IMF says Ir­ish econ­omy re­bound­ing

The Pak Banker - - COMPANIES/BOSS -

An IMF staff team vis­ited Dublin, from Fe­bru­ary 29 to March 15 for the 2016 Ar­ti­cle IV con­sul­ta­tion dis­cus­sions with the au­thor­i­ties.

Based on the pre­lim­i­nary find­ings of this mis­sion, staff will pre­pare a re­port that, sub­ject to man­age­ment ap­proval, will be pre­sented to the IMF's Ex­ec­u­tive Board for dis­cus­sion and de­ci­sion. In ju­ris­dic­tions with fi­nan­cial sec­tors deemed by the IMF to be sys­tem­i­cally im­por­tant, in­clud­ing Ire­land, fi­nan­cial sta­bil­ity as­sess­ments un­der the Fi­nan­cial Sec­tor As­sess­ment Pro­gram (FSAP) are a manda­tory part of Ar­ti­cle IV sur­veil­lance, and are sup­posed to take place ev­ery five years. IMF FSAPs are cur­rently be­ing con­ducted in a num­ber of Euro area coun­tries in­clud­ing Ire­land, Ger­many, the Nether­lands and Fin­land.

An In­ter­na­tional Mon­e­tary Fund (IMF) mis­sion, headed by Daniel Hardy, vis­ited Ire­land dur­ing De­cem­ber 2015 and March 2016 to con­duct an as­sess­ment un­der the FSAP. The mis­sion held dis­cus­sions with the Cen­tral Bank of Ire­land (Cen­tral Bank); the Depart­ment of Fi­nance; rep­re­sen­ta­tives of other govern­ment agen­cies; and rep­re­sen­ta­tives of the non-govern­ment fi­nan­cial and non­fi­nan­cial sec­tors. It held dis­cus­sions also with the Euro­pean Cen­tral Bank;[1] the Euro­pean Bank­ing Au­thor­ity; the Euro­pean In­sur­ance and Oc­cu­pa­tional Pen­sion Au­thor­ity; and the Euro­pean Sys­temic Risk Board. It is an­tic­i­pated that a fi­nal re­port will be pre­sented to the IMF's Ex­ec­u­tive Board in late July.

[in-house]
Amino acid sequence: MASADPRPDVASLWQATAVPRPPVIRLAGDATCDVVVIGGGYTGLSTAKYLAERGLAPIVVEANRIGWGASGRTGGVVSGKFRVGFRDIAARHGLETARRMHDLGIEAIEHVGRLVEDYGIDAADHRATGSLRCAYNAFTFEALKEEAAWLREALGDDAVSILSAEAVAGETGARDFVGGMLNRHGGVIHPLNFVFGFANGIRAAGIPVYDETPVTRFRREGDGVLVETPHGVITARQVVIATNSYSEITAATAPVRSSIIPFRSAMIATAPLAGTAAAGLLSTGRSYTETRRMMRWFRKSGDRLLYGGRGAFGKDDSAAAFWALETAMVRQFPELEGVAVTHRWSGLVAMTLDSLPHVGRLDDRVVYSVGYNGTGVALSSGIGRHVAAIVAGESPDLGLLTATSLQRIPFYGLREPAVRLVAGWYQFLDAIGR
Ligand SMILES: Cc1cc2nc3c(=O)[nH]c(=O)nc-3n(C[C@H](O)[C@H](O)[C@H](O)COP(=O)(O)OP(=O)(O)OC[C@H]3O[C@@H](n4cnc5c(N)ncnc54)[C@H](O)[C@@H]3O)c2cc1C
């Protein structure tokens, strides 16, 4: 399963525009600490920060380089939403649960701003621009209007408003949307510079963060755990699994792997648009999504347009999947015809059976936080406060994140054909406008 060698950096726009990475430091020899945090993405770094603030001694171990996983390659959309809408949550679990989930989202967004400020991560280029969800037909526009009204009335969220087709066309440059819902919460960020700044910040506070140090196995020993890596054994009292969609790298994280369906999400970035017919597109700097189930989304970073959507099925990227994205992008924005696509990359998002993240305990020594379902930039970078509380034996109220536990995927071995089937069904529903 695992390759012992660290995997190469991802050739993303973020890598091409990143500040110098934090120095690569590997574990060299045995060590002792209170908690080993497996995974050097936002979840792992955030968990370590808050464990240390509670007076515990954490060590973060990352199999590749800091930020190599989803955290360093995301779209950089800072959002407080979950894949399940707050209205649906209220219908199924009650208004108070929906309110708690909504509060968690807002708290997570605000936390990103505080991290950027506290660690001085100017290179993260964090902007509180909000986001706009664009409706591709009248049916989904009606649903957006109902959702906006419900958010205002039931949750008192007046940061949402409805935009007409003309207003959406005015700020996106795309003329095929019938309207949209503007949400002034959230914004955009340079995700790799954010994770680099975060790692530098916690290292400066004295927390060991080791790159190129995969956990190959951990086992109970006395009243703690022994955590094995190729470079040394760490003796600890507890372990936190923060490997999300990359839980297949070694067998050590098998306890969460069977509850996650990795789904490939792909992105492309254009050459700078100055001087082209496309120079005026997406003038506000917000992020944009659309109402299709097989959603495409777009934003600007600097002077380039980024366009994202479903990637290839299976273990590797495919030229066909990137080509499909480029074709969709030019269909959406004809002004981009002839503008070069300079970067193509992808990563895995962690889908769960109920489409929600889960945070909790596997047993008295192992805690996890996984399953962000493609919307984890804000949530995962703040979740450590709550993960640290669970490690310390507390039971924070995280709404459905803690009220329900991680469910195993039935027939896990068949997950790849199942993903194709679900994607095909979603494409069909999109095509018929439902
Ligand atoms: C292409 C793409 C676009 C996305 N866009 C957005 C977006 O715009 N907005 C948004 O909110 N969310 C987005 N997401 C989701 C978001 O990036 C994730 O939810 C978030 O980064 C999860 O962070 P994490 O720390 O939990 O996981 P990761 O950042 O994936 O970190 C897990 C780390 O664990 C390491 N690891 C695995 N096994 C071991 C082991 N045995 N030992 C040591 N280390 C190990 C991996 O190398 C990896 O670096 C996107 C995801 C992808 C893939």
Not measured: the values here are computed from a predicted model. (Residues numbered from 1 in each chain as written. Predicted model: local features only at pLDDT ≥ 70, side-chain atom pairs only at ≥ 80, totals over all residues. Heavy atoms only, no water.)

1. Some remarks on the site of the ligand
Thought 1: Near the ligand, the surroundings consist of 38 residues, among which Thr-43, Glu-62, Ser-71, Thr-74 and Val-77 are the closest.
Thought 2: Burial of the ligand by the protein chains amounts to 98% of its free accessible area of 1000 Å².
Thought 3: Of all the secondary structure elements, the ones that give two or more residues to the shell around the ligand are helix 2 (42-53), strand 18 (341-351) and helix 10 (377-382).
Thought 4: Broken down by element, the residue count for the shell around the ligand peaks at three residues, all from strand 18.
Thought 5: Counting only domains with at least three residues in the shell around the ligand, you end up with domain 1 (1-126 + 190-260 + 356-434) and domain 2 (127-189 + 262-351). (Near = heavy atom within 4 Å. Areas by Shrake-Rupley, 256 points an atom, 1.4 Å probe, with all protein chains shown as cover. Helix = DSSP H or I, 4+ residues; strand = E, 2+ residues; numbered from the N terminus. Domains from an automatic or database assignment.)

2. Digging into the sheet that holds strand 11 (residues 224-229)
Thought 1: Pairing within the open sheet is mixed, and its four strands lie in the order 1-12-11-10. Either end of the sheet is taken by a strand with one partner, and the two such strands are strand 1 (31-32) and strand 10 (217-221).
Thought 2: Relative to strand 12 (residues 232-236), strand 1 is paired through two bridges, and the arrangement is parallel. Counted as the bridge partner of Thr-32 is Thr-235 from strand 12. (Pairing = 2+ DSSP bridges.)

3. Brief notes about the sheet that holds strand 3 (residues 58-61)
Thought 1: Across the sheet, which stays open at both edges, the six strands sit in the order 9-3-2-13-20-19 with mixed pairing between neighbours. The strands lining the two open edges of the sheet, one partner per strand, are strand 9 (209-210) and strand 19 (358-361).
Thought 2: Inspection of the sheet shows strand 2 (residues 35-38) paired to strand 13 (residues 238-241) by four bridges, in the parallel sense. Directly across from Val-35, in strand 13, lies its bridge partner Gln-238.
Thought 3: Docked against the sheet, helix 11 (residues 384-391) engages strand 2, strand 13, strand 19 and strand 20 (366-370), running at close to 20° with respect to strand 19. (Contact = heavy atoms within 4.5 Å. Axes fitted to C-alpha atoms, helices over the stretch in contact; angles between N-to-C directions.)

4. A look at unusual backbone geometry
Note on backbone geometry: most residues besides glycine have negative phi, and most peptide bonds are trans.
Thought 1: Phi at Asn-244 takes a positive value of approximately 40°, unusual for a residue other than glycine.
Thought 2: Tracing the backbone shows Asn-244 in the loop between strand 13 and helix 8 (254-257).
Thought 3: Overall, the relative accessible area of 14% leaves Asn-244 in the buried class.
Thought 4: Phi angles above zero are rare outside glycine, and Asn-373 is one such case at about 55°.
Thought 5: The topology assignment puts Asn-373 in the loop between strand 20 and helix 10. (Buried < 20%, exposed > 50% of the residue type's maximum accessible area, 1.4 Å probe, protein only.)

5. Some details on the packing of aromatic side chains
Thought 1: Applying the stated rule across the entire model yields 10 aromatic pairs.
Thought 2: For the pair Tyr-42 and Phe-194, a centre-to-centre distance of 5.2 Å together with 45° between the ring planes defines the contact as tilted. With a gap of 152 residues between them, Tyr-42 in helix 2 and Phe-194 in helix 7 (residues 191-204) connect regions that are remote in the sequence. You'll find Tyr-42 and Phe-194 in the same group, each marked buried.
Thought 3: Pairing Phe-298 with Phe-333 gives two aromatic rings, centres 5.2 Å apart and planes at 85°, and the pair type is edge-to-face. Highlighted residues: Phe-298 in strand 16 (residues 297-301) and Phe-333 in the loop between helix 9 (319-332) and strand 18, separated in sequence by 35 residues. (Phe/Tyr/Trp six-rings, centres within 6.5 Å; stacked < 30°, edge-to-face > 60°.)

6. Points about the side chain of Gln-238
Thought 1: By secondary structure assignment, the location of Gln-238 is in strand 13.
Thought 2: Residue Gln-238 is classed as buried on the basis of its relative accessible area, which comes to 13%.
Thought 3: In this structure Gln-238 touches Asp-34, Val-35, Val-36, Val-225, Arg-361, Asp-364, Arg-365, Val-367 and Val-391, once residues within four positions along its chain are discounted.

The con­text is of an Ir­ish econ­omy that is clearly re­bound­ing. Since the cri­sis that be­gan in 2008, the bank­ing sys­tem has con­sol­i­dated and shrunk. Over the same pe­riod, the in­ter­na­tion­ally-ori­ented funds man­age­ment sec­tor has grown sig­nif­i­cantly. The reg­u­la­tory and su­per­vi­sory en­vi­ron­ment has been trans­formed by post-cri­sis re­forms, no­tably the es­tab­lish­ment of the Euro­pean Bank­ing Union.

The vul­ner­a­bil­i­ties of the Ir­ish fi­nan­cial sys­tem re­flect in large part the sig­nif­i­cant open­ness of the sec­tor and the econ­omy in gen­eral. Re­cent in­di­ca­tors of eco­nomic slow­down in some ma­jor coun­tries must be of con­cern to a coun­try such as Ire­land that is de­pen­dent on trade in goods and ser­vices, and for­eign di­rect in­vest­ment. In par­tic­u­lar, the tight link­ages with the U.K. fi­nan­cial sys­tem war­rant the on­go­ing at­ten­tion of the au­thor­i­ties. The cri­sis le­ga­cies of heavy pri­vate and pub­lic debt bur­dens (es­pe­cially for house­holds with high loan-to-value ra­tios), a per­sis­tent stock of im­paired loans, and high al­beit de­clin­ing un­em­ploy­ment mean that a large neg­a­tive ex­ter­nal shock could have a sig­nif­i­cant im­pact on the fi­nan­cial sys­tem.

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